posted on 2014-07-06
Half Life… There is so much to say about these games that I'll almost don't know where to begin. I love Half-Life. I discovered this game years ago, sometime during my (pre)-adolescence and I was astonished: it was awesome! Still, there are people considering it the best FPS ever made, even, the best game ever made. I, personally, wouldn't be able to say whether it or Duke Nukem 3D should be granted the title of best FPS ever: that's how good it is.
Half-Life 2 was a worthy sequel. A game like Half-Life having a worthy sequel is so rare that it could be considered a miracle, but after all, has Gaben ever disappointed any of us? After that, Valve released two standalone expansions continuing the series: Half-Life2: Episode One and Two. They were once again worthy sequels and for years, we have been waiting for the final conclusion of these magnificent games.
This article isn't dedicated to those masterpieces. Instead it focuses on the Half-Life 2 Cinematic Mod. A mod that supposedly "Raises the outdated graphical appearance of the Half-Life 2 trilogy to a state-of-the-art level, while giving it a more stressed, darker and minatory look.".
Does it? To answer this question, we'll have to deconstruct it piece by piece.
The soundtrack of the Cinamatic Mod is probably the most insidious part of the mod as I didn't notice its effect until after I removed it. The mod uses various tracks from movie sountracks in order to create an epic feeling to your gameplay and I must say it's mostly working. I only was able to find this forum post about where it came from.
Normally, one would think giving an epic soundtrack to an awesome game like Half-Life 2 would be perfect. Except it does not really work that way. Half-Life 2's soundtrack was very close to the action, sometimes environmental, sometime electrically awesome when it needs to be. That use of music was really fitting to the action, in a way that Alfred Hitchcock would have certainly appreciated.
I only noticed that when I finished my re-run, with Episode 2, after I removed the Cinematic Mod. But the original soundtrack in Episode 2, felt way more powerful than the epic-oriented replacement soundtrack of the Cinematic Mod, when I played Half-Life 2 and Episode 1.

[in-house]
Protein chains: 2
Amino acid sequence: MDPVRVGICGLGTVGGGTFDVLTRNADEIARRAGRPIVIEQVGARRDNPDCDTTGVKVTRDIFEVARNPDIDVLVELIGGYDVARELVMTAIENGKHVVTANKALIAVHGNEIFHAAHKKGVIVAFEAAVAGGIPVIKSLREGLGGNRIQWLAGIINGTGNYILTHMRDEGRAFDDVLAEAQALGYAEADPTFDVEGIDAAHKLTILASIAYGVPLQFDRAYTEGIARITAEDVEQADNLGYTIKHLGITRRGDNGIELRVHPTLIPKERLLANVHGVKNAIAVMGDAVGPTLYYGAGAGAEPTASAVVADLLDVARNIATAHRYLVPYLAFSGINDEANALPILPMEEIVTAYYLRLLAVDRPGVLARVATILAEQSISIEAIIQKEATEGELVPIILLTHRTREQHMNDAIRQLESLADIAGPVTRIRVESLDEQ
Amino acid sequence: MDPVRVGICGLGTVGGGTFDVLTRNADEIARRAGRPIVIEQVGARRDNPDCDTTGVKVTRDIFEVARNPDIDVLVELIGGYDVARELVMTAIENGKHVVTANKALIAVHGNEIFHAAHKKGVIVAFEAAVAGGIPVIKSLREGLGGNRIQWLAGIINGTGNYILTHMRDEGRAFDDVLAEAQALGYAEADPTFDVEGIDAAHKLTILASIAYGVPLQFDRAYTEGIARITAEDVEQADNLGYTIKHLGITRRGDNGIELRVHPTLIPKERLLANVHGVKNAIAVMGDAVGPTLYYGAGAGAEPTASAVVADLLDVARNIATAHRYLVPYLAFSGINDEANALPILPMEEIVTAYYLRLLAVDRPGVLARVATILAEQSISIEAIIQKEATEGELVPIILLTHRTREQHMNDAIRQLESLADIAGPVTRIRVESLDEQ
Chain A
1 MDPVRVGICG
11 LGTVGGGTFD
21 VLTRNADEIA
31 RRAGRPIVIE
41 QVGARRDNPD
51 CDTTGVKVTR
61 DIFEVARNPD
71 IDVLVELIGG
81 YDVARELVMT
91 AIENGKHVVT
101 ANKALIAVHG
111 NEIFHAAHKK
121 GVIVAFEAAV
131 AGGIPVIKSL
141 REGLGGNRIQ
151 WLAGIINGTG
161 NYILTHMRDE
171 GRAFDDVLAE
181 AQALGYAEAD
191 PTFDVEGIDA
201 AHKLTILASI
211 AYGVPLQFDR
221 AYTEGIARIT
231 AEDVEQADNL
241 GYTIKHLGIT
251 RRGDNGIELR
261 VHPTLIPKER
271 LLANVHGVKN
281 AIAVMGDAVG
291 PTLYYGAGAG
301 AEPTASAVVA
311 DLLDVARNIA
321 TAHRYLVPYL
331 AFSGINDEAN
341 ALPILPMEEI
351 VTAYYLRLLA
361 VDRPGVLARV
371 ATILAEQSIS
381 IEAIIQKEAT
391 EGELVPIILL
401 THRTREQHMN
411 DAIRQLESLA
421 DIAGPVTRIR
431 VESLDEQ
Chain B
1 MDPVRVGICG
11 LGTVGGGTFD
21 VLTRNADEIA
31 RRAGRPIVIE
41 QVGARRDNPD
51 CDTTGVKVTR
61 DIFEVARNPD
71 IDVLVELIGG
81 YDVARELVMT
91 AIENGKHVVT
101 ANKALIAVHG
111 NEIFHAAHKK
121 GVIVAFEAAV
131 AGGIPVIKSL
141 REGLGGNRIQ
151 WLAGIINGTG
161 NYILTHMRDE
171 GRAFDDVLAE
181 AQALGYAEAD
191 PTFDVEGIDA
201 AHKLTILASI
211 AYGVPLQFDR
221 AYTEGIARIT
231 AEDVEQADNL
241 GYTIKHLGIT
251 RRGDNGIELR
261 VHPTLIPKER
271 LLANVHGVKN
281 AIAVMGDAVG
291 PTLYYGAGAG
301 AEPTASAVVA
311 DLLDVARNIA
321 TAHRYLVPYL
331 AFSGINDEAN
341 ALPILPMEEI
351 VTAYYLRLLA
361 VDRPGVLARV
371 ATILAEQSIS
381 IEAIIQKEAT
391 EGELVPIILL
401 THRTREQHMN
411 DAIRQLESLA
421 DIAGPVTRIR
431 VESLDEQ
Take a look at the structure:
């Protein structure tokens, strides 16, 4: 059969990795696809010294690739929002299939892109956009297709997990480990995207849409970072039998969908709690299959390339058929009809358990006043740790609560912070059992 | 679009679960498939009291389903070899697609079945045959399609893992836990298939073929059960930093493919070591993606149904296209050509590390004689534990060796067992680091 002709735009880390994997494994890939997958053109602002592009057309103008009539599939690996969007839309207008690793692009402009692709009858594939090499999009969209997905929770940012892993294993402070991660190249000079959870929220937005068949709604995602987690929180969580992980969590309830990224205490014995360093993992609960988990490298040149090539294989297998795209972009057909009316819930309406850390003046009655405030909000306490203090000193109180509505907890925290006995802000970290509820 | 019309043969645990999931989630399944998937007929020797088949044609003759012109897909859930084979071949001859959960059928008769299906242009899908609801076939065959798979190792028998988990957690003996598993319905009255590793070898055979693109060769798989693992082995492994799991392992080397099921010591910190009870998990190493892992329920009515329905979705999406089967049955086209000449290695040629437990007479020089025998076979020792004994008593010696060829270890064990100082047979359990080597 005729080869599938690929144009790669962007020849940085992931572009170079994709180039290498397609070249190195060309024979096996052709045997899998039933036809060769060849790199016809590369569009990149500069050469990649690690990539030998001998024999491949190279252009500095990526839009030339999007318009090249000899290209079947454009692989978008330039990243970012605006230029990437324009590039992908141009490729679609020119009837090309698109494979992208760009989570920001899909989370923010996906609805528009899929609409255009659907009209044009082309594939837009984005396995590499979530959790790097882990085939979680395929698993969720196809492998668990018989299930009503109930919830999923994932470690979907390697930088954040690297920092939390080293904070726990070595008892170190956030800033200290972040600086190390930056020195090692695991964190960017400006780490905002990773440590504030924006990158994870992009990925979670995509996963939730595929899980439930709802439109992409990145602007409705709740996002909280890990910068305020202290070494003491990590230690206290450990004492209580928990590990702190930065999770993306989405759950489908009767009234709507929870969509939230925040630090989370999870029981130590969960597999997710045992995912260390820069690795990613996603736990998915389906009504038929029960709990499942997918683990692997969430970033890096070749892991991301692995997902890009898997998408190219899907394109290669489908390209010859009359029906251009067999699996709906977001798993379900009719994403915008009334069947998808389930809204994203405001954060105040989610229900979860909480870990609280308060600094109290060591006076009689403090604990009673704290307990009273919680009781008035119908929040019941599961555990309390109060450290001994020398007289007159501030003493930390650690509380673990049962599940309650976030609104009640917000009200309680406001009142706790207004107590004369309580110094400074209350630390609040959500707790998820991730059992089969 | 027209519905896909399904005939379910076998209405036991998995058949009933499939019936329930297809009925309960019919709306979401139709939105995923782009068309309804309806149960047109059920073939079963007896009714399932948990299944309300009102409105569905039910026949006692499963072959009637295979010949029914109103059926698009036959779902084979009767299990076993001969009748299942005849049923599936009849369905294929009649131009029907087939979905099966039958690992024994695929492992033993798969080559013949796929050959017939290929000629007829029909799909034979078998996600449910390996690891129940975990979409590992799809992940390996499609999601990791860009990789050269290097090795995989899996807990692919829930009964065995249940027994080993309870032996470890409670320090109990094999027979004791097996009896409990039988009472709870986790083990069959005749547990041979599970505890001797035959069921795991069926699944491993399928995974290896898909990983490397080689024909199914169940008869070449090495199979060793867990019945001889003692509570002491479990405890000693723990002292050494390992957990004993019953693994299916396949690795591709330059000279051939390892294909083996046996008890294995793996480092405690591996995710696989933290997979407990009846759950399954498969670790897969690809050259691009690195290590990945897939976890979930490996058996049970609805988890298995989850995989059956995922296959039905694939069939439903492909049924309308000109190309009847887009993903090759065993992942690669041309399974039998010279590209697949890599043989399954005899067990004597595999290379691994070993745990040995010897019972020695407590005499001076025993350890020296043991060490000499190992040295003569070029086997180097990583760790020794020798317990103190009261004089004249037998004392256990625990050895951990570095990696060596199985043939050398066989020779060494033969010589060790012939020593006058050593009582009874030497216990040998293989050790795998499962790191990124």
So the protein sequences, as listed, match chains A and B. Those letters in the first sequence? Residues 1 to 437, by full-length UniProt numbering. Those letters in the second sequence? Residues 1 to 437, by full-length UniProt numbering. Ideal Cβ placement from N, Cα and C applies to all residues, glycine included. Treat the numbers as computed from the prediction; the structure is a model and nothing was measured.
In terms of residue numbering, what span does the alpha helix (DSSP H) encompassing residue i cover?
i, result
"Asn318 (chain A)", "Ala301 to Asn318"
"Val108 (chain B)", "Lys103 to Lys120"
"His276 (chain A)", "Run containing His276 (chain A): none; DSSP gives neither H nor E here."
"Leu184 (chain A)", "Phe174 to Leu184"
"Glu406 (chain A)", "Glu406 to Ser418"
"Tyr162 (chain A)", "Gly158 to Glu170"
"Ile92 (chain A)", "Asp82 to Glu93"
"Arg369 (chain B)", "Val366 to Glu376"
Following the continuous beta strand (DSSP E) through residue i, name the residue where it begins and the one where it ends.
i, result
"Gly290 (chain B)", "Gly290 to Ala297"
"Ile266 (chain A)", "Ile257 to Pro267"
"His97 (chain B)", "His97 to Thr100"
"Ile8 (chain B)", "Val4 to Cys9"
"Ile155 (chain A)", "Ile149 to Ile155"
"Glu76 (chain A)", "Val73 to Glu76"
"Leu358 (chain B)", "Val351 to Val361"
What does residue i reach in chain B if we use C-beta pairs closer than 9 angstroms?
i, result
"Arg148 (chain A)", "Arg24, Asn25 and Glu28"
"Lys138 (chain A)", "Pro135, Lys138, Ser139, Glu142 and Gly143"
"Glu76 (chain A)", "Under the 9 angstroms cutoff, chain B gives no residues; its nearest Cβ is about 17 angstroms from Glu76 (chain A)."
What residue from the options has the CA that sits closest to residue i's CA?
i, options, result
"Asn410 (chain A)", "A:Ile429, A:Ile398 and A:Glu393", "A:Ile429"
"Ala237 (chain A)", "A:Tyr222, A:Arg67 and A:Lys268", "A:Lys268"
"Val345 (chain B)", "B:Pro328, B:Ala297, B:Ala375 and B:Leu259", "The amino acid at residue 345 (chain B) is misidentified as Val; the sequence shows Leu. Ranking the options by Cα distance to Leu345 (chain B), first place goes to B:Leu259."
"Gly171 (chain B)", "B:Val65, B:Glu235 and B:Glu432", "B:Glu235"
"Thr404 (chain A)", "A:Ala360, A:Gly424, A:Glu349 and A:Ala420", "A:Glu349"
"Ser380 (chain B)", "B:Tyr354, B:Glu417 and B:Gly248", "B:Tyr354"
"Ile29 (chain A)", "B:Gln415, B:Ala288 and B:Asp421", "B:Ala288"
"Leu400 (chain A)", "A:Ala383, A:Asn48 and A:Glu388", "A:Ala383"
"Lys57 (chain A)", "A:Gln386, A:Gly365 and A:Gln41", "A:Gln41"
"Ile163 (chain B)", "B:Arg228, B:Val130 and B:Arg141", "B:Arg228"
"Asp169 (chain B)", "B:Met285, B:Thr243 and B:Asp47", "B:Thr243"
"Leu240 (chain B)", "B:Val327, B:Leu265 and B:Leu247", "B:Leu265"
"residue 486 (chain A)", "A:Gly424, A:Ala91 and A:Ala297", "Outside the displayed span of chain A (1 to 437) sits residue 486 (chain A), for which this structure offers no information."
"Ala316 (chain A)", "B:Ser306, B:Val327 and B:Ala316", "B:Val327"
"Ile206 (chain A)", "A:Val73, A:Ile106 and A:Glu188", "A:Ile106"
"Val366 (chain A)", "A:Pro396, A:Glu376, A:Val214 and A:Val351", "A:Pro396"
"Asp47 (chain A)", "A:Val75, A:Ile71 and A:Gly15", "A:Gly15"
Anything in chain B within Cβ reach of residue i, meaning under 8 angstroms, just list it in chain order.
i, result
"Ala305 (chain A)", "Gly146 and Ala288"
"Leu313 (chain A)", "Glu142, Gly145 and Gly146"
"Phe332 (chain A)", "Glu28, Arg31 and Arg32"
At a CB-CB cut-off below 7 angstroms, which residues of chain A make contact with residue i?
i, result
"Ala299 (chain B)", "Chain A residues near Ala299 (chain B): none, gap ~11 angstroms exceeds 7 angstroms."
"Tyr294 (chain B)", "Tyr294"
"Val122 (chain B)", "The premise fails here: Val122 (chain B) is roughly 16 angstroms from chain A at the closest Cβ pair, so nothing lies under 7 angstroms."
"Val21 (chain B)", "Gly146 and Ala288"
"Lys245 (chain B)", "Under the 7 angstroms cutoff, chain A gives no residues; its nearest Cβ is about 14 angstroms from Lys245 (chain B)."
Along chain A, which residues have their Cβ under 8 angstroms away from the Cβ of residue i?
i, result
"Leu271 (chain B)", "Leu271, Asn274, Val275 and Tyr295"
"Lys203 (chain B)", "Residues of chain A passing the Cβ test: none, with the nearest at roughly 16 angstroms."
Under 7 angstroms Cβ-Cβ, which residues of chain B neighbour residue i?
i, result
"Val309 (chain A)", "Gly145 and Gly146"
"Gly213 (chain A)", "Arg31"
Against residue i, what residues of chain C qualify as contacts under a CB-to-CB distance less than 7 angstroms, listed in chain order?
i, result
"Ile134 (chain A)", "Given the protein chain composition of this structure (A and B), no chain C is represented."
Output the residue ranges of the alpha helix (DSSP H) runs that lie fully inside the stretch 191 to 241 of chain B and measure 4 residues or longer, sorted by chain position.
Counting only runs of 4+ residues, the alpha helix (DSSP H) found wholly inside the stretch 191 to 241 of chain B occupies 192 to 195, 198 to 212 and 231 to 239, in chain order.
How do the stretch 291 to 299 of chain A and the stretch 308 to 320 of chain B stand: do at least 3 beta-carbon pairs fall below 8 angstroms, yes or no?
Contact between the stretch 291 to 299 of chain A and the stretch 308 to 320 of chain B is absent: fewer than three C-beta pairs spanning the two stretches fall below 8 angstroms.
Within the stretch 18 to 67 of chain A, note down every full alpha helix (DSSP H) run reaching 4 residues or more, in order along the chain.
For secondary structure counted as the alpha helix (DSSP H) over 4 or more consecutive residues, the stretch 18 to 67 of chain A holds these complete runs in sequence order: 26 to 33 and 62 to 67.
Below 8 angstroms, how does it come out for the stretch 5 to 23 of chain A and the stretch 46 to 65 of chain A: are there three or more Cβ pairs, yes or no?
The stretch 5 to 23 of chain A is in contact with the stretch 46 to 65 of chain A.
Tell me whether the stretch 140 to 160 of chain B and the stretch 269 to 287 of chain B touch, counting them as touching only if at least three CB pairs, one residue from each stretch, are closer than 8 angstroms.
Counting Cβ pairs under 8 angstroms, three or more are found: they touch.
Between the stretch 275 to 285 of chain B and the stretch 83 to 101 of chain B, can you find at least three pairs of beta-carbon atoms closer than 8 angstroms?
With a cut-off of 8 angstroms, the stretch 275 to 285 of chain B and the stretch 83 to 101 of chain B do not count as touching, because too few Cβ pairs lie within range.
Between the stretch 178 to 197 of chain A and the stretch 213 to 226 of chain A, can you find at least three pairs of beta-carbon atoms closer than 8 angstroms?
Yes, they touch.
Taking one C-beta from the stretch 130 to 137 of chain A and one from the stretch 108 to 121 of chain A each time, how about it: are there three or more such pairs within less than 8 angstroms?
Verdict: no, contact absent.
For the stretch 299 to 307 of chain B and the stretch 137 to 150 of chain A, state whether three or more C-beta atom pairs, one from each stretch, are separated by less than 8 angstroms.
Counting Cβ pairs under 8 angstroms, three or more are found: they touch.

As far as HD mods go, graphics is usually their strong point. This one makes no exception in the way that's how it is advertised and that it is indeed overall pretty. Unfortunately it is not perfect and ultimately, it just ruins the experience too in several ways.
Byb the way, there might be a few light spoilers in the next sections, nothing heavy but still, be careful if you've never played the games.
The Cinematic Mod adds a lot of graphical effects to the games, mostly lighting ones. The result is pretty yet unbalanced: in the dark sections of the game, you need to use your flashlight a lot more which makes you pause a lot more to recharge it, whereas outdoor, you are often blinded by the sun. It becomes especially dramatic near the end of Half-Life 2 when you need to deal with flying as well as on feet ennemies on rooftops. I had to tweak the graphical options a lot in order to be able to complete this sequence.
Most of the textures are nice, although not alway the close to the originals but I've seen HD mods doing worse things. Unfortunately some of them are rather strange, very strange. Please not that these screenshots have been found on the Internet as a matter of illustration, but these problems still are here in the last version of the mod. they might also have been compressed and do not necessarily reflect the graphical fidelity of the mod.
The mod, comes with the ability to replace character models. I didn't even try to play with them. When I say these models, I automatically decided to replace the original ones. It's like the author of the mod didn't even try to respect Half-Life. Alyx, which received the highest amount of work, and therefore, the highest number of models, lost all of her personality, to just become a sexual object. Here a few screenshots.
Alyx is one of the best female characters in video gaming: she is strong and independent, not a weak a feeble woman that you have to save over and over again. During the games, Alyx shows a range of credible emotions that makes her compelling. She also isn't here just to make Gordon look good. No, she is a complex and interesting character with strengths and weaknesses which makes here really likeable as a character. Now, look back at those screenshots and then look at this picture of the original character. I think there is nothing more to add.